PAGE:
buccal – относящийся ко рту или щеке palatine – небный salivary glands – слюнные железы parotid gland – околоушная железа sublingual – подязыковой
43. The digestive tract structure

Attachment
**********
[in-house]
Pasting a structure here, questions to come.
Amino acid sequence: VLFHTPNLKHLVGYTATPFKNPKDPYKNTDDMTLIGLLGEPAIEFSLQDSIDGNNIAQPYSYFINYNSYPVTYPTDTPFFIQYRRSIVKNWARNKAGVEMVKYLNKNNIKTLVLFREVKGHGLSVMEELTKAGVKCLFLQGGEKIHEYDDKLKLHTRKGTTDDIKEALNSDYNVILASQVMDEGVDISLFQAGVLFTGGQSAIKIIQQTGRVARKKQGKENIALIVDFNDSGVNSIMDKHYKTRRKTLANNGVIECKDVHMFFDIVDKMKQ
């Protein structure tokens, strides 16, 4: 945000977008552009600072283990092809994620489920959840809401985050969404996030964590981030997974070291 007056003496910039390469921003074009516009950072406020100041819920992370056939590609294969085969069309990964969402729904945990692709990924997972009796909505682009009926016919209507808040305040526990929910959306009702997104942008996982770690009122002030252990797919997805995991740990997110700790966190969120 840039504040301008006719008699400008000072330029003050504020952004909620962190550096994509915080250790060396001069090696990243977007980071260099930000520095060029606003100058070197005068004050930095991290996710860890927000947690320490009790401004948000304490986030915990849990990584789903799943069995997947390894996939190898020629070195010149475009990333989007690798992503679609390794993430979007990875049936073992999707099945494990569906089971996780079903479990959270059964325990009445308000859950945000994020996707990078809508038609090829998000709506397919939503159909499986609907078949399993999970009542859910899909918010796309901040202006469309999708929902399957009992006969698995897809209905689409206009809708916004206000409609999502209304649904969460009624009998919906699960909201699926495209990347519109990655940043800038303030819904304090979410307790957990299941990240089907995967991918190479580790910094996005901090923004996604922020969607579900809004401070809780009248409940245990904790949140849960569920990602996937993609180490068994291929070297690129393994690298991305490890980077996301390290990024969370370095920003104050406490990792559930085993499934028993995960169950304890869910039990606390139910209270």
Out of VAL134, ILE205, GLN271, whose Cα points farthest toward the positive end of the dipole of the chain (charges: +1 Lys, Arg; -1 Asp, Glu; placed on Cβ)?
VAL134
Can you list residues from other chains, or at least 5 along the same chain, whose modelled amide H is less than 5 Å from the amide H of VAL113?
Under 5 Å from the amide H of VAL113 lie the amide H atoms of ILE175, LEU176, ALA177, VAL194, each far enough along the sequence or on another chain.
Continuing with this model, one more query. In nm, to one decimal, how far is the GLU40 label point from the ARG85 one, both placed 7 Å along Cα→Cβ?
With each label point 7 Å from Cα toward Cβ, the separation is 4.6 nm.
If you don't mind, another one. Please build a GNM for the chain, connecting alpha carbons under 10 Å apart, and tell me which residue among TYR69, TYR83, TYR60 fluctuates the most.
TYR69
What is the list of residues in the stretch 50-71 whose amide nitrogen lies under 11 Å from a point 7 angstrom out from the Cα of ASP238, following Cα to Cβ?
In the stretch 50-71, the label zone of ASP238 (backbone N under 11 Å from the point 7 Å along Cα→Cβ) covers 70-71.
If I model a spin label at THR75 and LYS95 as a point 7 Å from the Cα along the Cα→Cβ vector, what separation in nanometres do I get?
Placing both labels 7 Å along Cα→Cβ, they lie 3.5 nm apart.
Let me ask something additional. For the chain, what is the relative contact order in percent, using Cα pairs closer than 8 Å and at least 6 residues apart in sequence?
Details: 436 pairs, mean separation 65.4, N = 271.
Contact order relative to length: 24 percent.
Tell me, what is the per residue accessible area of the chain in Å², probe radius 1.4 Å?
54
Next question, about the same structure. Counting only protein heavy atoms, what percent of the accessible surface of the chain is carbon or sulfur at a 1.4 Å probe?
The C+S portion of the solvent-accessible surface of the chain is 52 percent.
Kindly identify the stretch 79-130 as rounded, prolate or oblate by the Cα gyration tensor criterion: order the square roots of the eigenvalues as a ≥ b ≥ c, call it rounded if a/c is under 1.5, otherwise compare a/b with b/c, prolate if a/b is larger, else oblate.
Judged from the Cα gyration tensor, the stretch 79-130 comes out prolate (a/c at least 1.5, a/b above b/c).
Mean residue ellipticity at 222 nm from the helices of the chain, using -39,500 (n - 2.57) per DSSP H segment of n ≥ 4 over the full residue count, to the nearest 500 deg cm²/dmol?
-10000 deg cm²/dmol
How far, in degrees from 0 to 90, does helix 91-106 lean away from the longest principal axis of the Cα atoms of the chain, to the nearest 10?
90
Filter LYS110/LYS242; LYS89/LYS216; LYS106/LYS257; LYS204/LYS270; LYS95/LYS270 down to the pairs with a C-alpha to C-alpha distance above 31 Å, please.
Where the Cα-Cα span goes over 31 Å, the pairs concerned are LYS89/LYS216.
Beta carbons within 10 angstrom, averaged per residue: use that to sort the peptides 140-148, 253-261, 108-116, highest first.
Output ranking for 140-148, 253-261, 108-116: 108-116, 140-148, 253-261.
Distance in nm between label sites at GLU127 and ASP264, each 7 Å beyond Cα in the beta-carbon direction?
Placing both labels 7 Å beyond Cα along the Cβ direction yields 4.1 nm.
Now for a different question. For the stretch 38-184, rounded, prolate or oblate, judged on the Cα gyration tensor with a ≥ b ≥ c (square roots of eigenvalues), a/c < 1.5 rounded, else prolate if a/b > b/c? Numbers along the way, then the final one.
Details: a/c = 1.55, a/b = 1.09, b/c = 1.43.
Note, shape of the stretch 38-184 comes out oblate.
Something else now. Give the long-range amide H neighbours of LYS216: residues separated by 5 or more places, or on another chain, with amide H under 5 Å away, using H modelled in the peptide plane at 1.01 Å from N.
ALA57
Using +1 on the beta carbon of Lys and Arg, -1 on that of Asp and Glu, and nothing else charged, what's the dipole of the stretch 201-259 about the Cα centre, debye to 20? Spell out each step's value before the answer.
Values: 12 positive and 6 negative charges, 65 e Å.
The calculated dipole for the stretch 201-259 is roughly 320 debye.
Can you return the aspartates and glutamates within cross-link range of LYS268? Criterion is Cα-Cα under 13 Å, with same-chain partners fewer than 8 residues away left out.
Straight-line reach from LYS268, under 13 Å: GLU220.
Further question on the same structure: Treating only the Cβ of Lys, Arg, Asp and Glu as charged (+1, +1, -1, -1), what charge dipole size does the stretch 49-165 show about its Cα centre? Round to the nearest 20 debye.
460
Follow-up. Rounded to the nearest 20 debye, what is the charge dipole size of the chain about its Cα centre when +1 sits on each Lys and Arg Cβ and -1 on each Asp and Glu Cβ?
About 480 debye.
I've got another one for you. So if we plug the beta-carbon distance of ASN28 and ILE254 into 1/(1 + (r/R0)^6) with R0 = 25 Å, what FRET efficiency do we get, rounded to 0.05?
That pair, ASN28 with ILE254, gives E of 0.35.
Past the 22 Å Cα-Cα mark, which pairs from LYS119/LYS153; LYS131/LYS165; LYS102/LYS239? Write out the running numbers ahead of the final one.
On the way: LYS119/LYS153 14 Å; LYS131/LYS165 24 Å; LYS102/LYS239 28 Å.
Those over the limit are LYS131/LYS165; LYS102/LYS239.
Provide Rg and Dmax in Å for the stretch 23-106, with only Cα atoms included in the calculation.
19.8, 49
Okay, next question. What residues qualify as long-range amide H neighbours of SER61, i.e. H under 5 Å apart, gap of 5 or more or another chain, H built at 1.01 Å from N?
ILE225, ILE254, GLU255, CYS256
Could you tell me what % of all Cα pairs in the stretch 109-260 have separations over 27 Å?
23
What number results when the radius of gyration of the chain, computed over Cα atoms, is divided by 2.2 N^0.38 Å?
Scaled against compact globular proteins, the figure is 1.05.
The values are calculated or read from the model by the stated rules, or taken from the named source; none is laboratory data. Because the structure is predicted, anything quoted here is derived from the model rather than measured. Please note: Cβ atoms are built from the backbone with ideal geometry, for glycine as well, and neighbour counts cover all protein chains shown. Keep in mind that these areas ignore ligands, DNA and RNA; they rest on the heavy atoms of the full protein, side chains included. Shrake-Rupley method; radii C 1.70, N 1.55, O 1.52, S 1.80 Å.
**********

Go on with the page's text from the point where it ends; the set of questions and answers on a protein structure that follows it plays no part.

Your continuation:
The gastrointestinal tract and associated organs are collectively called the digestive system. This system is responsible for receiving food and breaking it down by using enzymes from the glands and by the movement of the various parts of the intestinal tract; for absorption of these components into the blood; and for eliminating undigested food and certain metabolic wastes from the body. The alimentary canal extends from the mouth to the anus. It is a long tube varying in size and shape depending on what function the particular part performs. The tract has a very good blood sup ply, because food, once it is broken down, has to be absorbed into the bloodstream. The mouth contains the tongue and the teeth and communicates with the salivary glands situated round it. Behind the nose and mouth is the pharynx. Leading from the pharynx is a muscular tube called the esophagus which passes down the thoracic cavity to the stomach. The stomach lies below the diaphragm in the upper left side, of the abdominal cavity. The opening into the small intestine is called the pylorus and is closed by the pyloric sphincter. The small intestine is a muscular tube coiled up in the abdominal ca vity. It is divided into three parts; the duodenum, the jejunum, and the ilium. The large intestine, also a muscular tube but with wider lumen than the small intestine, is often called the colon. It is divided into several different parts: the, cecum, the ascending colon, the transverse colon, the descending colon, the rectum and the anal canal. The glands belonging to the digestive system are the salivary glands, the liver and the pancreas. Stomach is probably the most distensible of any in the human body. The proximal portion is the cardiac portion; the portion above the entrance of the esophagus is the fundus; the distal portion is the pyloric part; and the body is between the fundus and the pyloric part. The coats of the stomach are four: an outer, peritoneal or serous coat; a muscular coat, made up of longitudinal, oblique, and circular fibres; a submucous coat; and tine mucous coat or membrane forming the inner lining. Gastric glands, which are in mucous coat, secrete gastric juice containing hydrochloric acid and other digestive enzymes into the cavity of the stomach. The glands of the fundus and body moot important in the secretion of gastric juice. The shape of the stomach varies from individual to individual and from time to time in the same individual depending upon the degree of digestion, degree of contraction, and the age and the body-built of the individual. Frequently in more J-shaped than U-shaped so that its greater curvature can even lie in the greater pelvis. Cardia and fundus are relatively fixed and, hence, tend to move only with the respiratory excursions of the diaphragm.